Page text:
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First you have to take it apart. I unscrewed the top and this is what the insides look like:

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You have to remove the buttons and the stick in order to replace the artwork on the top. It’s a good idea to take a (blurry) picture of the buttons or write down the colour-coding of the wiring so that you can put it all back together in the proper order.

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Blurry button removal:

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This is the old art that I have removed and will be replacing.

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I used a template, which I found on the Shoryuken Forums, to create my Hakan art. I printed it out in colour. Cutting out the circles with an exacto knife was the hard part.

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To make cutting out the negative space easier I traced it on the old art.

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All cut out. You don’t have to worry about those rough edges too much, as the button will cover those up.

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Because the old art was printed on a piece of plastic, I had to print the new art on paper and then purchase a clear plexiglass cover from Canadian Joysticks to go on top. You can see that it is held in place with the buttons and stick. If you wish to get new buttons, this would be the time to replace them all. You can get new buttons and sticks from Akihabara and/or Canadian Joysticks.

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This is where your earlier photo of where the wires go comes in handy.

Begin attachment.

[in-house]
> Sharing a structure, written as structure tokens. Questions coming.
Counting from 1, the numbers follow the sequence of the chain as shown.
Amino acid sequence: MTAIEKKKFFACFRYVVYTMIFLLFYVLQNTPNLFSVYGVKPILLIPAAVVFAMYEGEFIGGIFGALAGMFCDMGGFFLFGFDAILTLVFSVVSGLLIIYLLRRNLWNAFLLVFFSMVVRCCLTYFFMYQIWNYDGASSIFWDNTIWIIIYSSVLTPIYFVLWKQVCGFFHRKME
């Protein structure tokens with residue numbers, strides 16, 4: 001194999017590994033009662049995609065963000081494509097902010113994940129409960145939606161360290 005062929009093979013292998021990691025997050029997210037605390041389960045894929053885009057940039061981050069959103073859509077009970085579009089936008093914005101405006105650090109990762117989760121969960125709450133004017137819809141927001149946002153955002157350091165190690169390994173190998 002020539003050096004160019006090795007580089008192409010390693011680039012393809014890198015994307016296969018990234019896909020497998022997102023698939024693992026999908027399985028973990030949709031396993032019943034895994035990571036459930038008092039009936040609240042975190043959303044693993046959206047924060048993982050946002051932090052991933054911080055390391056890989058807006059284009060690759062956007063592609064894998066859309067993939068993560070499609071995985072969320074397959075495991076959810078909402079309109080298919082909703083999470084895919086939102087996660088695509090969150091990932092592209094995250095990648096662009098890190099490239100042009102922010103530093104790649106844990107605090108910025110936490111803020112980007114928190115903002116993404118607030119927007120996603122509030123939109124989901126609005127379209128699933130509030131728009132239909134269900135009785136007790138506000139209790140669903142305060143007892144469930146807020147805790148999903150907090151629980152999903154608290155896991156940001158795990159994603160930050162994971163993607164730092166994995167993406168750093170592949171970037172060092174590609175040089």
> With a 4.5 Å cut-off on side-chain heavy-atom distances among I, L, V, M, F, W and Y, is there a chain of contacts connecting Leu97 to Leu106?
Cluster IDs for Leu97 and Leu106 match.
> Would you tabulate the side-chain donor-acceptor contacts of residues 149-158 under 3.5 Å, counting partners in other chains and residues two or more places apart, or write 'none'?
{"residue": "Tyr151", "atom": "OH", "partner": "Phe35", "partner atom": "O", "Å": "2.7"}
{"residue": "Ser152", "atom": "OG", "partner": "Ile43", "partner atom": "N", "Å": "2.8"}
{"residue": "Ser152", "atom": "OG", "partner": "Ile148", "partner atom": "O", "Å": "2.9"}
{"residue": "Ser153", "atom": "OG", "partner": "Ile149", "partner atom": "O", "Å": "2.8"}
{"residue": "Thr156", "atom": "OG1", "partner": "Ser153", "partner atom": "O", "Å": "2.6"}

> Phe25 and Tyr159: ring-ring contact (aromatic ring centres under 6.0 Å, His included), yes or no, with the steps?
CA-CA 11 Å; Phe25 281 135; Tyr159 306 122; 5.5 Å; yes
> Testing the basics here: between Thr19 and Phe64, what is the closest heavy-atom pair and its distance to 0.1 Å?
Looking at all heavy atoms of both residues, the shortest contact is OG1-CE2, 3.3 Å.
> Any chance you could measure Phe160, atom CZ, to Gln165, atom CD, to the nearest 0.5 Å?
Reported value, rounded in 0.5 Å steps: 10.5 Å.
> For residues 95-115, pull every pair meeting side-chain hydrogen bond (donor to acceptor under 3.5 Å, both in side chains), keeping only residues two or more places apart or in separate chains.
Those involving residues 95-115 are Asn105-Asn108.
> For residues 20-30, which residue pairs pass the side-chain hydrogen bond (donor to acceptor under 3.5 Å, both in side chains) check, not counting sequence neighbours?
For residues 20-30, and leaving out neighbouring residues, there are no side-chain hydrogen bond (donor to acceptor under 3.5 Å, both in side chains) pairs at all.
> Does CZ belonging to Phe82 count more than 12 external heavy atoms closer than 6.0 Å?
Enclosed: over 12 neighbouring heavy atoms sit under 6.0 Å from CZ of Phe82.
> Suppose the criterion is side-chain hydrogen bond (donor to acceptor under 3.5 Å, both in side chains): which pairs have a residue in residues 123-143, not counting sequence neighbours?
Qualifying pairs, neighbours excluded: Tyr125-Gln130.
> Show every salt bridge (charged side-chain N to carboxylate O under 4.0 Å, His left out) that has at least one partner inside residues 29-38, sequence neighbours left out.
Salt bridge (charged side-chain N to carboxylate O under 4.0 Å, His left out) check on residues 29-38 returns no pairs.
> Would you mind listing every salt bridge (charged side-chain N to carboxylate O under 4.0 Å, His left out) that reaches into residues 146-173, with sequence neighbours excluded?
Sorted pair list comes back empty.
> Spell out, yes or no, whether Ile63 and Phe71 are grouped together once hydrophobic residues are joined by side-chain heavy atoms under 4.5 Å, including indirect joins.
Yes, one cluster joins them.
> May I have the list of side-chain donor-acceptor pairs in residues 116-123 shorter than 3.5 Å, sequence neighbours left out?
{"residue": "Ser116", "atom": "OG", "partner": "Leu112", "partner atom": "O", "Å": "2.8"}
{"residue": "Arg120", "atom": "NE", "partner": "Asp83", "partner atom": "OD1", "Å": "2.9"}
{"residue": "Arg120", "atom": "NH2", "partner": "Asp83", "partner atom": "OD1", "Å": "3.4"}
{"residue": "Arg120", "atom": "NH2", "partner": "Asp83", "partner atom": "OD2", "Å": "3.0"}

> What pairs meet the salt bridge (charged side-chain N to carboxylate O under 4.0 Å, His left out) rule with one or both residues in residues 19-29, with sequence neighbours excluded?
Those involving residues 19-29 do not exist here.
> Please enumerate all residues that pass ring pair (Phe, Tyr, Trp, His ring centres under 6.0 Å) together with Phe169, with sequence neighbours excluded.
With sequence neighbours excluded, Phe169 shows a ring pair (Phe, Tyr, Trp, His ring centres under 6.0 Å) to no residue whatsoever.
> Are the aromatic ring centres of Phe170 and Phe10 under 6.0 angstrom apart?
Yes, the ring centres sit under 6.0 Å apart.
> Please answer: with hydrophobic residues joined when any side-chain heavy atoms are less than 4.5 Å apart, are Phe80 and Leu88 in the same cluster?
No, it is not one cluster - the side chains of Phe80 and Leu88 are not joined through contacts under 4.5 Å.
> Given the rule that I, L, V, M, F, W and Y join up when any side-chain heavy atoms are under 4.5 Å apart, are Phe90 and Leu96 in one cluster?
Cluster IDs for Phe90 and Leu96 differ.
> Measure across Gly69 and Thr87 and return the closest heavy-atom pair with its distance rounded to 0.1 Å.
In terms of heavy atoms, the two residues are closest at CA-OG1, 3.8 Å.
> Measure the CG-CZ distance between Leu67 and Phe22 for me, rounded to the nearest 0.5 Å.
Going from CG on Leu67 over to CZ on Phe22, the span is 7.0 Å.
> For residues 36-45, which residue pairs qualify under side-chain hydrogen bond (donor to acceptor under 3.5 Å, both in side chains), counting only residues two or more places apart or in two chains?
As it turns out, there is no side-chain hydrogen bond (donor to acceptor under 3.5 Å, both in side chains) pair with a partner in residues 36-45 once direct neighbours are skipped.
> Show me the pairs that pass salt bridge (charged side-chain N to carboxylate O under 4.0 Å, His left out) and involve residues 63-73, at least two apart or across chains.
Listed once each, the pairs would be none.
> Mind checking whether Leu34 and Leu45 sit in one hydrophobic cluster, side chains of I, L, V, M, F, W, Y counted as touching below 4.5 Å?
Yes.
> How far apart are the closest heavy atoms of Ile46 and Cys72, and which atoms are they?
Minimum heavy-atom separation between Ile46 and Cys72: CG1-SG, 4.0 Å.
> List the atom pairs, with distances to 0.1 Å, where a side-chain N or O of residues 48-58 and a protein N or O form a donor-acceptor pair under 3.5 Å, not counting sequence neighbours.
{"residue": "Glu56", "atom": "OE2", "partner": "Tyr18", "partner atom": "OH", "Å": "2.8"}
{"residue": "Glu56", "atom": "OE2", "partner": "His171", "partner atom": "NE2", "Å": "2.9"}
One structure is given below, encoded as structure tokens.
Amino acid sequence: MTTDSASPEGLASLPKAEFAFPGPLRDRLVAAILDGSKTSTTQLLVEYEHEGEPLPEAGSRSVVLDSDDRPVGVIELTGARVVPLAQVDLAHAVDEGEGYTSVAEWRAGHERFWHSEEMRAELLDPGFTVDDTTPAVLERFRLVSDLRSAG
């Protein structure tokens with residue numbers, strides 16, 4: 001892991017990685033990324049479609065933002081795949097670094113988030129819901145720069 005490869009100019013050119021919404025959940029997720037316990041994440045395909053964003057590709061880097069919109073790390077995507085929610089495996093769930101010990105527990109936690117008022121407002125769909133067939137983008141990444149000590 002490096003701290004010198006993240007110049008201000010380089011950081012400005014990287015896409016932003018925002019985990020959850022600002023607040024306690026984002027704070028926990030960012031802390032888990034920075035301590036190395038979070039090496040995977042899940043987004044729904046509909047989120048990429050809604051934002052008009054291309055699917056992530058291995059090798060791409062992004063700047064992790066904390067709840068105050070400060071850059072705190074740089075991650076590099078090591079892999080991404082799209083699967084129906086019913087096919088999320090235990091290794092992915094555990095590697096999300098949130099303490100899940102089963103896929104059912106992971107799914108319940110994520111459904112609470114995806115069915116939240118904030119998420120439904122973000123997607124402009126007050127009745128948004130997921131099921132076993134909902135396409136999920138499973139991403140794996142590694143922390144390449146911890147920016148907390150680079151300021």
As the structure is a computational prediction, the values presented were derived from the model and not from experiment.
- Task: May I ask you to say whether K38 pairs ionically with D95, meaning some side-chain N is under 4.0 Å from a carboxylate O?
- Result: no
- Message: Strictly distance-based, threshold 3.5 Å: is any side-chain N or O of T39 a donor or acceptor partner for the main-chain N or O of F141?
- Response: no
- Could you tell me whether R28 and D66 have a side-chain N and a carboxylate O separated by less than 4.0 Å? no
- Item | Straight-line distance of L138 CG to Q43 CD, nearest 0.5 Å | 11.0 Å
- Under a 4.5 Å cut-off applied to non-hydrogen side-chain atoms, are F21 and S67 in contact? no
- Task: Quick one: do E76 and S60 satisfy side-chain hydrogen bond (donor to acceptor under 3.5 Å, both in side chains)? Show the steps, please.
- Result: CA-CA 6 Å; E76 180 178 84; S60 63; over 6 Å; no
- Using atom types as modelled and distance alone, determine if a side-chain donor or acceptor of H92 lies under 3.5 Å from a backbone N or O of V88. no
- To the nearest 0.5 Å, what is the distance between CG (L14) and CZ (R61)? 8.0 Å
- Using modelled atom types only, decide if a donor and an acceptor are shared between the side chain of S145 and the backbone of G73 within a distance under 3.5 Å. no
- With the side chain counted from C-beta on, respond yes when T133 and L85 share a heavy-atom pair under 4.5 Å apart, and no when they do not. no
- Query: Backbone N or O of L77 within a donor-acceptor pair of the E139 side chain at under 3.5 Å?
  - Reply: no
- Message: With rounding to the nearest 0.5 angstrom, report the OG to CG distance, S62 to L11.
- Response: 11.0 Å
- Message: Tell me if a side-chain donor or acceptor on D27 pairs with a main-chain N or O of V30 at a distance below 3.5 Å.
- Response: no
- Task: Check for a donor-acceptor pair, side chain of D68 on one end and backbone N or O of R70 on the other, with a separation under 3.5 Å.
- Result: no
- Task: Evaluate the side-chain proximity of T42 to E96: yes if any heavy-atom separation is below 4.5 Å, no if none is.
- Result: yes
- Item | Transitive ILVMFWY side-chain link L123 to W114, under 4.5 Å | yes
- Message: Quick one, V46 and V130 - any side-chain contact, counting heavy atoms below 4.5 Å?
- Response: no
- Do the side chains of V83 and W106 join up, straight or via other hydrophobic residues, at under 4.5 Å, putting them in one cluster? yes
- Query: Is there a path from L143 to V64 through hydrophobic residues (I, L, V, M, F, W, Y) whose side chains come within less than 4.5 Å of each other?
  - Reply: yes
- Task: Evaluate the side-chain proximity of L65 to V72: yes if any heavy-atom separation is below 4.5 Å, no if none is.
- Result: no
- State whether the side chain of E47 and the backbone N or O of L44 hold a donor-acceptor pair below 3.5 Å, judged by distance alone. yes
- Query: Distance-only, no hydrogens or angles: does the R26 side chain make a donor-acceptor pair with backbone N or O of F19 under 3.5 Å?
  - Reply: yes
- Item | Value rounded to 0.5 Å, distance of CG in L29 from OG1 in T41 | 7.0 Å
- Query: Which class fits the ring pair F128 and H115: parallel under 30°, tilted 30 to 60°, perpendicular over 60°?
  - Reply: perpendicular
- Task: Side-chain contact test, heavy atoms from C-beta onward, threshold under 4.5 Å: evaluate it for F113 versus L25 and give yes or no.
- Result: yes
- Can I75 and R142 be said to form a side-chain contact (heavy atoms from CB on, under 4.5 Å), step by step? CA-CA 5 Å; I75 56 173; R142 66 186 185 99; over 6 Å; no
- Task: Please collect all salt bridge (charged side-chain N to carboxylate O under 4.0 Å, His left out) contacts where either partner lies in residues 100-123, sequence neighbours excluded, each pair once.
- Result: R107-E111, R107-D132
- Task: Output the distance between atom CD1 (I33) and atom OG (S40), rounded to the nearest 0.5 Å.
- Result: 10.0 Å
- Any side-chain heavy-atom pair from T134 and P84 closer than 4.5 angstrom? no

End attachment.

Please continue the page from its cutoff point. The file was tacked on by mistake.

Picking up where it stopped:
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Now for the ball top.  I followed this tutorial on the Shoryuken Forums for proper technique.

The first thing you need to do is sand your ball top to rough it up. Use a fine grade sandpaper for this, because you don’t want it TOO rough, just rough enough that the paint sticks.

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I used Ali’s stale beer bread and a skewer as a prop to hold it up.

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Next, you need to prime the ball. I used two coats of Citadel Imperial Primer in Skull White.  These are acrylic paints designed to be used for painting miniatures, and hold up well to handling.

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Then I used painter’s tape to mask off the parts of the design I wanted to stay white (at least at first).

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One million coats of red paint later, and Hakan’s skin was filled in.

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Peel off the tape.

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Hakan has turquoise hair. Because he’s awesome.

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I used a permanent marker to add in eyebrows and a nose.

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Then I coated the ball top in a clear sealant and put it back on the fight stick.

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Hakan is awesome.

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Aeble-what?

I happen to own, because I am that awesome, an æbleskiver pan.

“I’m sorry, what did you say?” you ask.